(Image via Tisha Kazan Instagram)

In 2017, we were so proud to launch Australia's first dedicated cologne range for men. The range has been so well received, and we will this week be expanding to include our latest release, Slow Fire. We love being part of this emerging and rapidly growing industry of natural and organic beauty, but to us it's about so much more than just delivering great products; we are passionate about teaching you the why behind the what, and calling out the tricks in the industry that are having a negative impact on your health and environment.

So whether you are a guy looking for a greener cologne or searching for reasons to make the switch, or a gal trying to help your man make the switch, here's a little more insight into why low tox is not just for the ladies.



(And a whole lot more you never bargained for.) 

Musk is a note used in almost every beauty and personal care product on the market nowadays, from perfumes and colognes to soap, body wash, lotions and hair products. Musk smells amazing, lets be honest, but research shows clearly that synthetic musks (which is the ONLY form of musk used in products these days) create an enormous burden for the environment, being a persistent organic pollutant that doesn't break down and affects the endocrine (hormone) systems of all creatures it comes into contact with.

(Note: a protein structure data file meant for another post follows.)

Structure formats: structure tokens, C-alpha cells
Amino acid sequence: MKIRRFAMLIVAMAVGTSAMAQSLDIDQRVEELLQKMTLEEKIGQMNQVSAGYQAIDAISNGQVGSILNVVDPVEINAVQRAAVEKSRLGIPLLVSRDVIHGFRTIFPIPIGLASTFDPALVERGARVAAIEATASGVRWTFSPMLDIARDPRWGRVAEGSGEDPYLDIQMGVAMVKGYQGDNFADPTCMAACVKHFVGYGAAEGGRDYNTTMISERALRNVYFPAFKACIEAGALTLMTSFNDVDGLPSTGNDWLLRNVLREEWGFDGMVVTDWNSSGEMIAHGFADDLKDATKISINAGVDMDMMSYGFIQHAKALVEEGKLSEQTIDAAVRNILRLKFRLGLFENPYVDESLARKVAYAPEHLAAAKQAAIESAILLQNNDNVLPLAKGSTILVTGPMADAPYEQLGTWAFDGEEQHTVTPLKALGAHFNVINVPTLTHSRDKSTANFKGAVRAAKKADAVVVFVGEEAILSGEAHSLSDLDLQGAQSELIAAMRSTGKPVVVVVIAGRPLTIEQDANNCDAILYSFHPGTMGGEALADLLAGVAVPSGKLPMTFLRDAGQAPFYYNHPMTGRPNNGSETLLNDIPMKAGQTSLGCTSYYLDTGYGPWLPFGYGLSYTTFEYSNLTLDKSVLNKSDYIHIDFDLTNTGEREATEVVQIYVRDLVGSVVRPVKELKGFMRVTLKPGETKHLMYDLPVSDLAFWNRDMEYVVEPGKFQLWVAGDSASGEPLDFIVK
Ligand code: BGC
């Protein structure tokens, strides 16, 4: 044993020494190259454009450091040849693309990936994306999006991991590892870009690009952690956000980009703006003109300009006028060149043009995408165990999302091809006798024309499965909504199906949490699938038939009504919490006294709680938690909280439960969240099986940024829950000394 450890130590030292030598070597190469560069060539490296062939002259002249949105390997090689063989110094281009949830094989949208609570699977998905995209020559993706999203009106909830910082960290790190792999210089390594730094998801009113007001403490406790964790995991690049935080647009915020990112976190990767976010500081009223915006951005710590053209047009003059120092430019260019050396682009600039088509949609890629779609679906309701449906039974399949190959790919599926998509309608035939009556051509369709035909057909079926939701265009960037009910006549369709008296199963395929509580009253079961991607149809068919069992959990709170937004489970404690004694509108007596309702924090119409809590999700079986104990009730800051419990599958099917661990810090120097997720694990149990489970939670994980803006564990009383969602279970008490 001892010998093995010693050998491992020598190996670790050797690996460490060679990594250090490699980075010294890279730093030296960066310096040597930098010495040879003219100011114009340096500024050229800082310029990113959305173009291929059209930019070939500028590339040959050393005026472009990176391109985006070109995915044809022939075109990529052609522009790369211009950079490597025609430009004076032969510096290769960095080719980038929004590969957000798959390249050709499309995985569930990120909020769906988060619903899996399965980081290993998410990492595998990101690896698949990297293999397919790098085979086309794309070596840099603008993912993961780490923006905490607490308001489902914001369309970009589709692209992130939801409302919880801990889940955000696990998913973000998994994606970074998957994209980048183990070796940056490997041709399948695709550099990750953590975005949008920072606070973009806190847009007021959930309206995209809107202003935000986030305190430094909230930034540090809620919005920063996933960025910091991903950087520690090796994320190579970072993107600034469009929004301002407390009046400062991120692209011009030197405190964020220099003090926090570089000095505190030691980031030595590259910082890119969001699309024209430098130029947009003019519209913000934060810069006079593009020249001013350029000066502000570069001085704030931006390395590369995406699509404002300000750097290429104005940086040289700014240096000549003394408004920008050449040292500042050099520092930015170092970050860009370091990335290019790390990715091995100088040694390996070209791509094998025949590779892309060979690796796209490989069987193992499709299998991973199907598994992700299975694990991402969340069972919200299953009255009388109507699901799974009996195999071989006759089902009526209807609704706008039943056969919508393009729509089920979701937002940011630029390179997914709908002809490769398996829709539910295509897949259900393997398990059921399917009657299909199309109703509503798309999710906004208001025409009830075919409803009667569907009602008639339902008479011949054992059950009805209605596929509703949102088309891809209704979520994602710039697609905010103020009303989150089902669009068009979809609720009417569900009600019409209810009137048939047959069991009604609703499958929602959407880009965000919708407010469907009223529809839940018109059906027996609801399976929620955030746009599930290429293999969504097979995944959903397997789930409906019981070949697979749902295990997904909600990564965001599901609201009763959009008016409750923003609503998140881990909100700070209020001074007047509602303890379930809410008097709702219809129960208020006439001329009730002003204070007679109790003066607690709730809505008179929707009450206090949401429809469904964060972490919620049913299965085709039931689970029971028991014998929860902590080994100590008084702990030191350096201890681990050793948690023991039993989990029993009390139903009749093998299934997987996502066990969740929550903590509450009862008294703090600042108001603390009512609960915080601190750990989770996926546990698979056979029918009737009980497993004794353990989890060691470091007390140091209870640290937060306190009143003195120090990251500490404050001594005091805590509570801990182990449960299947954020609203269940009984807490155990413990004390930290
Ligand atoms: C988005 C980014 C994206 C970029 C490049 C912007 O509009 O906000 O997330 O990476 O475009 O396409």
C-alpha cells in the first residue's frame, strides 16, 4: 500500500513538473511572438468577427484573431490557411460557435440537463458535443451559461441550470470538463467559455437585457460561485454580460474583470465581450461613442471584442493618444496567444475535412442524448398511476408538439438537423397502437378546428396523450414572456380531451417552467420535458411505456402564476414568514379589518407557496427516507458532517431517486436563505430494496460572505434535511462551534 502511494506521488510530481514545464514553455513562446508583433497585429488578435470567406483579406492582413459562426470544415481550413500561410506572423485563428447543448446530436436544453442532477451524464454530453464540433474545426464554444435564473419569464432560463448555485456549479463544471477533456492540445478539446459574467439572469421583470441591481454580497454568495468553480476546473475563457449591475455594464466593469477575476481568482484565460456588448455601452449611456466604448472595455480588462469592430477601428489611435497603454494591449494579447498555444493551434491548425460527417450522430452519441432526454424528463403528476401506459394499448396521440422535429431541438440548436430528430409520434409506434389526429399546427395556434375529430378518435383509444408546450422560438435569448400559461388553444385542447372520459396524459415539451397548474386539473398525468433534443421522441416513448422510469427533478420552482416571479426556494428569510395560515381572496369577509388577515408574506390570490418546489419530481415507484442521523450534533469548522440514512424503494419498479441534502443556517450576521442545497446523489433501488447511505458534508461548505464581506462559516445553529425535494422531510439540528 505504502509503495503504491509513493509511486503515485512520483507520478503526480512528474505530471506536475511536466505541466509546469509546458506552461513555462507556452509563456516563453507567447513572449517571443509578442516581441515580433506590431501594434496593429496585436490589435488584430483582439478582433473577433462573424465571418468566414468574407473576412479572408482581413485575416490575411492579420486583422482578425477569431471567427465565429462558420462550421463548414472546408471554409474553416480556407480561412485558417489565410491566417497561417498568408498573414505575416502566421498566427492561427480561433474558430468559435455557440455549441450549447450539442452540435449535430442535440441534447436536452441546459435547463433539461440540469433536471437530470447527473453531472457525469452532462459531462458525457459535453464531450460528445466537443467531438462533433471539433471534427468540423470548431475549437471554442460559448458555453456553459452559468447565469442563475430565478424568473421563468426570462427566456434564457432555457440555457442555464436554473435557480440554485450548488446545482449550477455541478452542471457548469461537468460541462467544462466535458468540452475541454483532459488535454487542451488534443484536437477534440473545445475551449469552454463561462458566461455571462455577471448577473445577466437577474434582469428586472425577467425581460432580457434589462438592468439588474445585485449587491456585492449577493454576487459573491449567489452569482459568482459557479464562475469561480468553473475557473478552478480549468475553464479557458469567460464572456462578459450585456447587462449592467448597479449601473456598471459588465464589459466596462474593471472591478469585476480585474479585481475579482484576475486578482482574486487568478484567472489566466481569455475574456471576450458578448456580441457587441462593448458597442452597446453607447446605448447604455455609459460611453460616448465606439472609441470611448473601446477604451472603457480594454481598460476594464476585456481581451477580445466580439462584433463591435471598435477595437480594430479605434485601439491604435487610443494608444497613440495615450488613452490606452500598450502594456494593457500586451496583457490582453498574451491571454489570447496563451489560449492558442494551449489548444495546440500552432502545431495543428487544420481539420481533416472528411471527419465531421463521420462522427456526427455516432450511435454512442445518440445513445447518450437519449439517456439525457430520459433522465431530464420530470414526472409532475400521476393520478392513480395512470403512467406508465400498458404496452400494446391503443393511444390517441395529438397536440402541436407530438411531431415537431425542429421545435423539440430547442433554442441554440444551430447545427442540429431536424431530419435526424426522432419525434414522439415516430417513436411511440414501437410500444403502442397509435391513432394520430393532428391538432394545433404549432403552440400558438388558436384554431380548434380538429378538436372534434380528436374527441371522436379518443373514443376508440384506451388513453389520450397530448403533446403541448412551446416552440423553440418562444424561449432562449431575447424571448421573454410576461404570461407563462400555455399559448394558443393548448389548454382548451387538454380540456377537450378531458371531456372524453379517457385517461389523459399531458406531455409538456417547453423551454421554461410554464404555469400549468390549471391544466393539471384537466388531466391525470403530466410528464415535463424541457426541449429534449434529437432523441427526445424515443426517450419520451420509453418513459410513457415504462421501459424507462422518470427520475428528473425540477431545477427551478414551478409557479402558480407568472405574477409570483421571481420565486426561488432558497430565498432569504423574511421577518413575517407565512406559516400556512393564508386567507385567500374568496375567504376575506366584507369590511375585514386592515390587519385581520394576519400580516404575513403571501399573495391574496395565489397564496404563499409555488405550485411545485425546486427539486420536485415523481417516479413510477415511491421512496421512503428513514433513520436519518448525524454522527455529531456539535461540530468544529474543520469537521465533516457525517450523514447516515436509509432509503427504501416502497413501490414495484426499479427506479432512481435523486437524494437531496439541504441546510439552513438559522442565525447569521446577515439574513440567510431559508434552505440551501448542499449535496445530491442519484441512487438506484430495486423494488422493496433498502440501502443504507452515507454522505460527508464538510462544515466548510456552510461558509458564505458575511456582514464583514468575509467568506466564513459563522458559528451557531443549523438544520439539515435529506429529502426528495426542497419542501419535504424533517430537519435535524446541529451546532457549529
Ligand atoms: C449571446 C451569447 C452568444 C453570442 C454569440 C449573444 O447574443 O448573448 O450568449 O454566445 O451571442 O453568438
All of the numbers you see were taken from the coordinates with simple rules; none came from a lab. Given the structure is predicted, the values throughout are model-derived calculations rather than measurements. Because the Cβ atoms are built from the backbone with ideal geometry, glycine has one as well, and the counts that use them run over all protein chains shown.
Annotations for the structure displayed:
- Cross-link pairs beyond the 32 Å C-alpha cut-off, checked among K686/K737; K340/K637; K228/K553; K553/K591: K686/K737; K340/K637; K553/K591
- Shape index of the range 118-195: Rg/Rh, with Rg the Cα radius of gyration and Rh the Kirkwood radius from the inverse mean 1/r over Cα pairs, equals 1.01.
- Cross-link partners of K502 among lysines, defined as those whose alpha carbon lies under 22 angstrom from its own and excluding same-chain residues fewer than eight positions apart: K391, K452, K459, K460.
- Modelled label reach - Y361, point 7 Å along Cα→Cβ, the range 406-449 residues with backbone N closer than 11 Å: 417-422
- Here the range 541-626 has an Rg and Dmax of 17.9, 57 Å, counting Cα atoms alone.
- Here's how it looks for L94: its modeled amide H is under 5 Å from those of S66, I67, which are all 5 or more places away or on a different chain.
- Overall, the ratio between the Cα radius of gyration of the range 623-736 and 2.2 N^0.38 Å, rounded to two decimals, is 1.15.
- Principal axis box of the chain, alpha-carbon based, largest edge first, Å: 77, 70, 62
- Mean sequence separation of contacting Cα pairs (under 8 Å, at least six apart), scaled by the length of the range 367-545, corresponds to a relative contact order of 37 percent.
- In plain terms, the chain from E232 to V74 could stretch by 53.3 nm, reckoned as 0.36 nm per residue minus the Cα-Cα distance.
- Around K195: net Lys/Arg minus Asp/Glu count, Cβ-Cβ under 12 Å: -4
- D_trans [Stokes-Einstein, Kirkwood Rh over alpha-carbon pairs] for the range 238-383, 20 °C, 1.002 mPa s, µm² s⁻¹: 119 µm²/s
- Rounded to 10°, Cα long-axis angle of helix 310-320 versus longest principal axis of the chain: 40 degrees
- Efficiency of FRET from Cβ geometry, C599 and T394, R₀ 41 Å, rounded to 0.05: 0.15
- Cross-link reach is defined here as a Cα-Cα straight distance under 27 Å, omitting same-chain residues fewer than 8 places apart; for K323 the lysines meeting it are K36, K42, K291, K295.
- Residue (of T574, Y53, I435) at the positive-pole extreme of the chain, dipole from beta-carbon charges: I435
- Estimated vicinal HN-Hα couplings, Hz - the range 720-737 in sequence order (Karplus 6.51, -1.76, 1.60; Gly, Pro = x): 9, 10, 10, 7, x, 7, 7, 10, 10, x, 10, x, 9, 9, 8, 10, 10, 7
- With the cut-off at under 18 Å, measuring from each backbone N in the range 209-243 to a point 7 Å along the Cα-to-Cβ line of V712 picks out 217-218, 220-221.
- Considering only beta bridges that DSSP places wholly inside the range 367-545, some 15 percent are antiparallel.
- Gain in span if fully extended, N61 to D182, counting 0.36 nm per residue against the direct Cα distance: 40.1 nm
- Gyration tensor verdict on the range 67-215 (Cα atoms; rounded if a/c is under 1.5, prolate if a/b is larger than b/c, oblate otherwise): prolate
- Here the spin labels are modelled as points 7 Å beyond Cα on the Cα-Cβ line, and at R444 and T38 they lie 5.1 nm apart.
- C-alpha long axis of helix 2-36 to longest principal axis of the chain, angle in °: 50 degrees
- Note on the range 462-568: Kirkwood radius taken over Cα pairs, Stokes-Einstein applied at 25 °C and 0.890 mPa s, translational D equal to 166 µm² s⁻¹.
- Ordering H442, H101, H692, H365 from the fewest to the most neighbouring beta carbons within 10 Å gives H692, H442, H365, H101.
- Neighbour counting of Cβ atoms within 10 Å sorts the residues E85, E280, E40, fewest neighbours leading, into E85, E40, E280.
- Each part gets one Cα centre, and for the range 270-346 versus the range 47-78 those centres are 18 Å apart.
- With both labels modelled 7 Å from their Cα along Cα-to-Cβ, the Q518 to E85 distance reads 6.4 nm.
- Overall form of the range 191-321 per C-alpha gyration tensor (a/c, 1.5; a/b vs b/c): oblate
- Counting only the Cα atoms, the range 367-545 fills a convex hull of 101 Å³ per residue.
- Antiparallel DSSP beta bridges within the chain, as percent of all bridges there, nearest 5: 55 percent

According to The Campaign for Safe Cosmetics, synthetic musks bioaccumulate in the environment and have been detected in human breast milk, body fat, blood, and umbilical cords. Studies show that these compounds can disrupt cell functioning and hormone systems (which can affect the quality and quantity of your sperm), and are toxic to your organs, can even contribute to obesity and diabetes, as well as contributing to the development of hormone-related cancers in both men and women such as breast, prostate, testicular and ovarian cancers. 



Xenoestrogens (synthetic estrogen-like chemicals) are absolutely everywhere. And to cut straight to the point, they reduce your testosterone, dropping your sperm count, reducing your libido and your muscle mass, increasing your propensity to be overweight and have increased breast tissue (man-boobs), as well as impacting your mood and ability to handle stress. Xenoestrogens are endocrine-disruptors found in everything from plastics or all kinds to items made from vinyl (yes, even those vinyl 'floating' floorboards) to soaps, lotions and fragrance. It might seem impossible to escape them, which is probably true unless you're moving to the forest, but it is possible to minimise your exposure. As far as grooming is concerned, choosing truly natural shaving cream, beard oil, lotion, sunscreen and cologne will help you to avoid paraben preservatives, synthetic scent and benzophenone, to name a few.